Saturday, March 30, 2013

Heightism -- contemporary update

A recent issue of The New Yorker reminded me of the independent study project I pursued as a junior  at Beloit College.  I've subscribed to The New Yorker for many years.  The magazine became some of my favorite reading material years ago in college when an English Professor of mine required us to read the magazine as part of the syllabus.  I have never read the entire magazine.  I go through phases in terms of what sections I will be sure to read every week.  Currently, that section is the "Briefly Noted" section that follows a longer book review.  The "Briefly Noted" section includes about four or five brief review capsules of newly published books.  That section inspired me to buy about three or four of the books I've read most recently. 

Not long ago, I was reading the "Briefly Noted" section in the March 25th issue of the magazine. The third entry was a brief review of a book called The Force of Things. The second sentence of the review reminded me of the Heightism project from my junior year in college.  The sentence read, "In almost every way, they are an odd couple: she is beautiful, tidy, calm; he is short, sloppy, irascible."  Though the sentence uses the word "odd," not opposite, it is clear that in the context of this description, the man has qualities that do not reflect the woman's qualities.  When identifying something about the male character that is "odd," when juxtaposed with the woman's beauty, the author of the review, rather than use a word such as ugly or unappealing or even plain, chooses to use the word short.  Actually, the author didn't necessarily choose to use the word short.  Most likely, the male character in the story is characterized as short.  What's interesting though is that the author of the review chose to link the woman's beauty and the man's shortness as a way to contrast the characters.  Clearly, in this context, the word short is intended to be negative.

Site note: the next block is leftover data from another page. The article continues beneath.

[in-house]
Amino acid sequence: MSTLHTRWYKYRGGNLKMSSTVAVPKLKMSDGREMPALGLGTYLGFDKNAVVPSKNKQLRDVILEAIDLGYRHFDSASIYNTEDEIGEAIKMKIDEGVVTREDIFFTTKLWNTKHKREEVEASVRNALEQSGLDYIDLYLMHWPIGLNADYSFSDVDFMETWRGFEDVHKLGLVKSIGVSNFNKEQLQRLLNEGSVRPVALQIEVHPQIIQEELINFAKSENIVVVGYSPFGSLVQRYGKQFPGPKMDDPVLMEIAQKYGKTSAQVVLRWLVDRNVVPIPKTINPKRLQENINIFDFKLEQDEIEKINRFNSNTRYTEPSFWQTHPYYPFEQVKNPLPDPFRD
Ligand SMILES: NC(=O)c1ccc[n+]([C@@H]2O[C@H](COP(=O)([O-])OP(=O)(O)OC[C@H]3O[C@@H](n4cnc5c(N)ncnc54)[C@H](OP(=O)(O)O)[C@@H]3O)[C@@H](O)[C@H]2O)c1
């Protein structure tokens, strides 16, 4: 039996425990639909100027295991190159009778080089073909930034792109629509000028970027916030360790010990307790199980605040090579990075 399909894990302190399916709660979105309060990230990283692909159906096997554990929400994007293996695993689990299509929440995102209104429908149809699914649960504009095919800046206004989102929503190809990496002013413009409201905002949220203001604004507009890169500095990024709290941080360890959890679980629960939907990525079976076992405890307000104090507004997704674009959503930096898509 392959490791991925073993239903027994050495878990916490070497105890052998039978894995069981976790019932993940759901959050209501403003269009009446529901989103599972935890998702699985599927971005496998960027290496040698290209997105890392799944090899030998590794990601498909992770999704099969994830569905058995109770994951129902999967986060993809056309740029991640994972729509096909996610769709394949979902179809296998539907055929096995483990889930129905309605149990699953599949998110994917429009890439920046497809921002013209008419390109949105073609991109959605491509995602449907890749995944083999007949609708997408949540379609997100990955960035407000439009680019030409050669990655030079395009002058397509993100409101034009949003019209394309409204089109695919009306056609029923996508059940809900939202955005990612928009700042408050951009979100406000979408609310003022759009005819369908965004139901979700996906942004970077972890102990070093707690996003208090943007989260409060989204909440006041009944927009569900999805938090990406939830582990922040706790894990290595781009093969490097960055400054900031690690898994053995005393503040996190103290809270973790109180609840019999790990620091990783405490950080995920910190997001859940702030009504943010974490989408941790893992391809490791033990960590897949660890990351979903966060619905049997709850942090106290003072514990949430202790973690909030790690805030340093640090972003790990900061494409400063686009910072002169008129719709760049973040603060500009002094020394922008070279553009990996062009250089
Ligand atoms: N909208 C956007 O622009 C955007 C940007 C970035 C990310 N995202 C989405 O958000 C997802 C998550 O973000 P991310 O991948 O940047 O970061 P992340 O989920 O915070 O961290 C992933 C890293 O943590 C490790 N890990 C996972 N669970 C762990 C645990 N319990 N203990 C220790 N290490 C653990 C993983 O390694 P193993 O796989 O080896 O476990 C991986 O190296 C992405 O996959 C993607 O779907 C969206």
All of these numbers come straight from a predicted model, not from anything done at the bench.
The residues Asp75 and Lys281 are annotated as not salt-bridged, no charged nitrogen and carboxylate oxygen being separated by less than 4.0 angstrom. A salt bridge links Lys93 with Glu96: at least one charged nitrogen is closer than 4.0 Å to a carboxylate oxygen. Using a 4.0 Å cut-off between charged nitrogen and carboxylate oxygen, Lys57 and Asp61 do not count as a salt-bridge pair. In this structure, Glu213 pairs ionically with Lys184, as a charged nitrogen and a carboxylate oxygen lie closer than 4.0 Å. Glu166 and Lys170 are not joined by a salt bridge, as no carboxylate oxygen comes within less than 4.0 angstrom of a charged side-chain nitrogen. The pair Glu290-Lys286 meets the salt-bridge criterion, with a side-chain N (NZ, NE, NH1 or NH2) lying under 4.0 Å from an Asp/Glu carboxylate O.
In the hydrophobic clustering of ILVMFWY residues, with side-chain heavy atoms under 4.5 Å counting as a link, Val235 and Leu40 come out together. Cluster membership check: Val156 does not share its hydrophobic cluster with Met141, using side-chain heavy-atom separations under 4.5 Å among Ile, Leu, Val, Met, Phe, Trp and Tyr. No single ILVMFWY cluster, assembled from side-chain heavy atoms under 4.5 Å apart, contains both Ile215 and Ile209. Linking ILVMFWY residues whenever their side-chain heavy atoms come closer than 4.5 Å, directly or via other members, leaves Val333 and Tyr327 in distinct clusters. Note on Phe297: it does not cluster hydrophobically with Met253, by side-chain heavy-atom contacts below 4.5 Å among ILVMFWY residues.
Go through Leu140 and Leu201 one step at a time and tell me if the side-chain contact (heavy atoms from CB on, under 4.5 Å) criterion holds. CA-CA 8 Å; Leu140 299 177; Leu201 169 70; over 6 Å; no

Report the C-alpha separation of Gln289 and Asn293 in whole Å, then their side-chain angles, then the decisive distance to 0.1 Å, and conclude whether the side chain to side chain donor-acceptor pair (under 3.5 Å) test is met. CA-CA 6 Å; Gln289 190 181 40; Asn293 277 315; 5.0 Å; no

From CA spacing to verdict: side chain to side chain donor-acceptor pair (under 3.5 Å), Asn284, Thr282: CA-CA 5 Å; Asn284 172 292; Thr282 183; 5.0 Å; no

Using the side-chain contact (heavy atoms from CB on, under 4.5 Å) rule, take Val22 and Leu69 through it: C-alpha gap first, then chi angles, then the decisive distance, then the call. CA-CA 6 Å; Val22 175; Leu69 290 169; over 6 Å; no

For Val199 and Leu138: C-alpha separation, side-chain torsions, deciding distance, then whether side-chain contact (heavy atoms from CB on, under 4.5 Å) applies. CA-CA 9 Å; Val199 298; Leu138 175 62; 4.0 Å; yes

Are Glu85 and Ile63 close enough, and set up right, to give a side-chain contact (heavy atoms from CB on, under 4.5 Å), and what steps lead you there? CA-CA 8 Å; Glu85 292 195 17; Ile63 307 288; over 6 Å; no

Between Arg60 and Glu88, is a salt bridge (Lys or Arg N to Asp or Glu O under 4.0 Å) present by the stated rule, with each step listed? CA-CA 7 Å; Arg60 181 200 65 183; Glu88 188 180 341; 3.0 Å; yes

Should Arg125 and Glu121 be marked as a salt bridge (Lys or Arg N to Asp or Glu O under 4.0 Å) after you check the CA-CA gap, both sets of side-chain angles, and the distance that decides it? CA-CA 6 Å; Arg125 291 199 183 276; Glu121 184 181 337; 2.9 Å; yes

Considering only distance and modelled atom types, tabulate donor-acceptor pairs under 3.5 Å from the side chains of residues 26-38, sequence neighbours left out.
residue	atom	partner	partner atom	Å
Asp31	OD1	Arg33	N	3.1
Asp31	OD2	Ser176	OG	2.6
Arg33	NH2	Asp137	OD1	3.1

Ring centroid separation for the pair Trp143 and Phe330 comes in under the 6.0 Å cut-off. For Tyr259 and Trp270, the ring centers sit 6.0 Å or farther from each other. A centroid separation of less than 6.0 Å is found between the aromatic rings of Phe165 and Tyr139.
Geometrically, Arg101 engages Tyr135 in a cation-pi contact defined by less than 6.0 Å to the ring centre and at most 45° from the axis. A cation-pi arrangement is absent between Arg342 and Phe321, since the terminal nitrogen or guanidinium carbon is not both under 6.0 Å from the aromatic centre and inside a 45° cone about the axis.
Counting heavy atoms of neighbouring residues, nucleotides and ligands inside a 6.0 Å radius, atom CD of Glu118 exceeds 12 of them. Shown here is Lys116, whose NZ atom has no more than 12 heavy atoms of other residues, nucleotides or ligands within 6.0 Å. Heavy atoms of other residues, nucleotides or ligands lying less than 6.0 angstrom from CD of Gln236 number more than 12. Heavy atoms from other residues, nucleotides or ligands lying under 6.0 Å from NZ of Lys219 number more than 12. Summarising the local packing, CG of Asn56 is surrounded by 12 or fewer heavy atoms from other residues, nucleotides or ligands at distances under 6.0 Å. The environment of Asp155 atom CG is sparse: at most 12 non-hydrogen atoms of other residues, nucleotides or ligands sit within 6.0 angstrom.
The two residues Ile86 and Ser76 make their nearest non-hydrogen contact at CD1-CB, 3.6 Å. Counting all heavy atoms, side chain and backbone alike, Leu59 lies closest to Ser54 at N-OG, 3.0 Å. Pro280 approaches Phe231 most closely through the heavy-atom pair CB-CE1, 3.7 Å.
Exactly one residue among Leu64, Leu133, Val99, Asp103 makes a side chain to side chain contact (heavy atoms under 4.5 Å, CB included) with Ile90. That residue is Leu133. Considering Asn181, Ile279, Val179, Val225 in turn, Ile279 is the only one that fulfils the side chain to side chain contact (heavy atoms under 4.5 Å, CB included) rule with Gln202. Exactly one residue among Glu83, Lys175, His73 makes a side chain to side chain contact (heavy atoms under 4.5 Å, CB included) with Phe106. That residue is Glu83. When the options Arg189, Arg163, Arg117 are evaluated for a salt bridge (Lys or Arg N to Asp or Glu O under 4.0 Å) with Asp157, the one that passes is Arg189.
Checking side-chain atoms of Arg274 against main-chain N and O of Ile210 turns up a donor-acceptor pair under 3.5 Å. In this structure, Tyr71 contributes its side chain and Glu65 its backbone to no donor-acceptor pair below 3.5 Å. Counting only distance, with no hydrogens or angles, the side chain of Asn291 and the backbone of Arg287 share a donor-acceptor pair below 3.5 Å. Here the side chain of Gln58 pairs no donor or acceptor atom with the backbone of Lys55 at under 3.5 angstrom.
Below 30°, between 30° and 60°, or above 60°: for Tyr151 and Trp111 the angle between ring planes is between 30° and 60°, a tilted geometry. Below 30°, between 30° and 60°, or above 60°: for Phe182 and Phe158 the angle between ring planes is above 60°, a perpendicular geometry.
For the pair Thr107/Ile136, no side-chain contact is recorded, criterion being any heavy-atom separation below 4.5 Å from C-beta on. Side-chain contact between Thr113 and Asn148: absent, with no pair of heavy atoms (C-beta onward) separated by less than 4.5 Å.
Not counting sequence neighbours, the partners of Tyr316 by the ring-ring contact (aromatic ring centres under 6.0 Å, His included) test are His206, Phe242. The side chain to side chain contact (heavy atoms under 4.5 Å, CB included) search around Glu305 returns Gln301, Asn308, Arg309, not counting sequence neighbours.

I would argue that there is no reason why short should be connected with a negative or a positive.  People are short or tall just like people are light or dark.  Just like light or dark are not directly connected to good or bad, or handsome or unattractive, tall and short are not directly connected.  The connection happens when cultural values are included.  Within popular culture today, big is valued more than small.  Because of this, the author of the review can successfully use the word short and have it carry a negative meaning. 

The problem with this is that the values of the published work are then subjected onto the society that the publication represents.  On its own, there is nothing wrong with shortness.  But the publication indicates that shortness is indeed a negative.  Who knows what difference one word in one review will make.  But the more often the word, or similar words, or used in such a way, the more likely it is that society will embrace that value, which in turn will make it more difficult for individuals who happen to be small.

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